The Hazards of Telling People You’re a Cyclist
Why telling people you ride elicits serious bike-splaining—and what you can do about it
Recently I went to go see a cosmetic dermatologist to have something taken off my face. (A basal cell carcinoma, not my laugh lines and crow’s feet.) As I lay in a recliner waiting to be carved, the doctor asked the inevitable question:
“So, what do you do?”
You never know where the conversation’s gonna go when you reveal yourself as a bike person. Sometimes it turns out they ride too. Sometimes they ask awkward questions. (“So how do you sit on those hard little seats?” “What’s with all the doping?” “Aren’t you afraid of getting killed?”) And sometimes they’ve got strong opinions about bikes that you sense they’ve been meaning to compile into a screed and submit to the local newspaper, but now that you’re here they figure they might as well just share everything with you instead.
This particular interaction fell under the last category.
Now I’m not saying the doctor launched into a full-on foaming-at-the-mouth anti-bike tirade. Nevertheless, he made it quite clear there were a number of things about bicycles of which he did not approve. In another context it’s possible I might not have minded the discussion. In fact, I might even have welcomed it, for there’s nothing wrong with engaging in a spirited topical discussion with someone over a few beers. However, when the person impugning your lifestyle is also wielding a scalpel and preparing to bore a hole in your face, it feels a bit more like an interrogation—sort of like Winston Smith in Room 101, except I was anesthetized, and of course the doctor was saving me from face cancer.
This is by no means the first time I’ve been put on the defensive for being a bike person, either. For example, it also happened at the dentist, though that was more Marathon Man than 1984. I’ve also been put on the spot at weddings and funerals. (Well, okay, just the one funeral, but still.) If you’re a cyclist, no doubt you too have been lectured, interrogated, or excoriated by a relative stranger at one point or another—and if you haven’t, you may be long overdue for a skin cancer screening or a teeth cleaning, so you’d better get on that.
So what is it about cycling that makes people who don’t do it feel compelled to bike-splain it right back to you, even when you’re nowhere near a bike, and even when it invariably steers the fanboat of small talk deep into the weeds?
Well, for one thing, if you ride a bike you’re instantly accountable for the behavior of everybody else who rides one too, it’s just the way things work. “Why don’t you bikers ever stop for red lights?” is typical of the sort of insult-disguised-as-question you might encounter. Tell the person sitting next to you at the dinner party that you’re a cosmetic dermatologist and they’re unlikely to lump you in with all those unlicenced surgeons giving black market butt-lifts. Furthermore, if the conversation then organically shifts to your new German sports sedan they’re almost certainly not going to ask you, “Why are all BMW drivers such douchebags?” (Though to be honest they’ll probably think it, sorry to break it to you.) But mention that you ride bikes and it’s, “Oh, you’re one of those.” At that point you might want to take a big swig of wine to prepare yourself for the onslaught of anecdotes about the annoying group ride that goes by their house for five seconds once a week, or that one time someone on a bike came near them and “almost killed” them.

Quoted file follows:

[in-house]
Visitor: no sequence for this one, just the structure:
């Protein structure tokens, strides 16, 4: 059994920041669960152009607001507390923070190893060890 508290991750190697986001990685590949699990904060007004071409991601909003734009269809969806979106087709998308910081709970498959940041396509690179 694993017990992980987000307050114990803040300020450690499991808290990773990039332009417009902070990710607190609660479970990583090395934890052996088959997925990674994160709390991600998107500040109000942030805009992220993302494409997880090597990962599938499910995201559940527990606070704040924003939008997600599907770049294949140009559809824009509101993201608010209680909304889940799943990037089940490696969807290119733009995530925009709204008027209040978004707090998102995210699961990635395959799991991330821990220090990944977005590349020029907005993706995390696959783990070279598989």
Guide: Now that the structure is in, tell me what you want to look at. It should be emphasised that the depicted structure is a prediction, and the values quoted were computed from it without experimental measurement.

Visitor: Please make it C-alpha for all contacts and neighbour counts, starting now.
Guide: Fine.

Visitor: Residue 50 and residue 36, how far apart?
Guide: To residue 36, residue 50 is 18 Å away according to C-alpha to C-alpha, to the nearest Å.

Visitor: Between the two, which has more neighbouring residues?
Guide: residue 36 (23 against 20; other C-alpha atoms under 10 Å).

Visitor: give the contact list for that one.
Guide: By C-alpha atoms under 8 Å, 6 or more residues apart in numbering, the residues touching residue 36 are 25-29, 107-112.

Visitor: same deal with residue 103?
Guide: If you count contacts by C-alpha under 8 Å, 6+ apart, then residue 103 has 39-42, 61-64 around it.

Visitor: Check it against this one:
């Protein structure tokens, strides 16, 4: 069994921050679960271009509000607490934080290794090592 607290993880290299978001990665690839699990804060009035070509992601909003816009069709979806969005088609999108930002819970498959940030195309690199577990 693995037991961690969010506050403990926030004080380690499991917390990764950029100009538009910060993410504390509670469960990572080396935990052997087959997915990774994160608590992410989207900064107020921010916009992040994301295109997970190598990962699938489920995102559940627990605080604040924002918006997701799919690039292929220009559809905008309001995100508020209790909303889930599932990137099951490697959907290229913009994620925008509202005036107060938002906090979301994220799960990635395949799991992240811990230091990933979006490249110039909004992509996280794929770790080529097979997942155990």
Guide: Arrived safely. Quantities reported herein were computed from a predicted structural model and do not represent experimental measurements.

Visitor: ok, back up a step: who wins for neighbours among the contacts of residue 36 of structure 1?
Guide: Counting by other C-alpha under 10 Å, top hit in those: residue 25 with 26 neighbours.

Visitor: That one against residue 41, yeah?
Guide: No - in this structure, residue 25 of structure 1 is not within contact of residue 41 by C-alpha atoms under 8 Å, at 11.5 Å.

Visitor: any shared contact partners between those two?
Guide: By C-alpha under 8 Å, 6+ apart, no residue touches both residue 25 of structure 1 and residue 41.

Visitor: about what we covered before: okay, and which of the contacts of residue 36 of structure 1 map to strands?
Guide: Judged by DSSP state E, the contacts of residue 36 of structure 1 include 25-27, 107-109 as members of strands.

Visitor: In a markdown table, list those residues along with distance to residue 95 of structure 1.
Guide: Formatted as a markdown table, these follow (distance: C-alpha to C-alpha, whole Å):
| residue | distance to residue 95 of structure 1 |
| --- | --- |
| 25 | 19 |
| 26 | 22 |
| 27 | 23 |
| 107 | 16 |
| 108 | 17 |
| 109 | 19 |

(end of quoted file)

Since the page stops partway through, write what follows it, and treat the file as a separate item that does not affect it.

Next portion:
To be fair, as a de-facto cycling spokesperson, your job isn’t always to explain or defend the actions of everyone else who rides bikes. During the summer it’s inevitable someone will innocently demand that you explain to them how the Tour de France works. You might also find yourself in the role of confessor for the sorts of people who say things like, “I’d love to ride a bike but [I’m too busy] [I’m too scared] [I can’t show up sweaty to work],” etc. (This sort of unnecessary guilt about not cycling is a by-product of our selling cycling on how “green” it is, but that’s another matter.) And yes, you will even get sweet, guileless people who think what you’re doing is great and want to know more about it, because real life isn’t Twitter, and there are actually still open-minded human beings out there who want to learn new things
Of the study’s participants, 17 percent admitted to having used their car to deliberately block a cyclist, 11 percent said they’d deliberately driven their car close to a cyclist, and nine percent had used their car to cut a cyclist off.
So does this mean if you’re a white guy on a bike you now get to consider yourself a member of an oppressed minority? Fuck no, get over yourself. However, it does mean that no matter who you are, when you’re riding a bike there are plenty of people who think you’re basically a bug. It also explains why you can sometimes feel this contempt seeping into your off-the-bike social interaction.
After my skin surgery, I wondered if maybe the next time someone asked me what I do I’d give a fake answer that was bound to shut them up. (IRS auditor came to mind.) However, the fact is that these uncomfortable exchanges present us with a crucial opportunity to change people’s attitudes, for as the abstract of the study points out:
If we can put a human face to cyclists, we may improve attitudes and reduce aggression directed at on-road cyclists.
While shouting matches in the street rarely amount to much, we have a lot to gain from thoughtful and civil discourse. So take a deep breath and spare a moment to extoll the virtues of bikes. Hopefully in the course of my conversation with the doctor I at least helped put a human face on New York City’s cyclists as he cut into mine.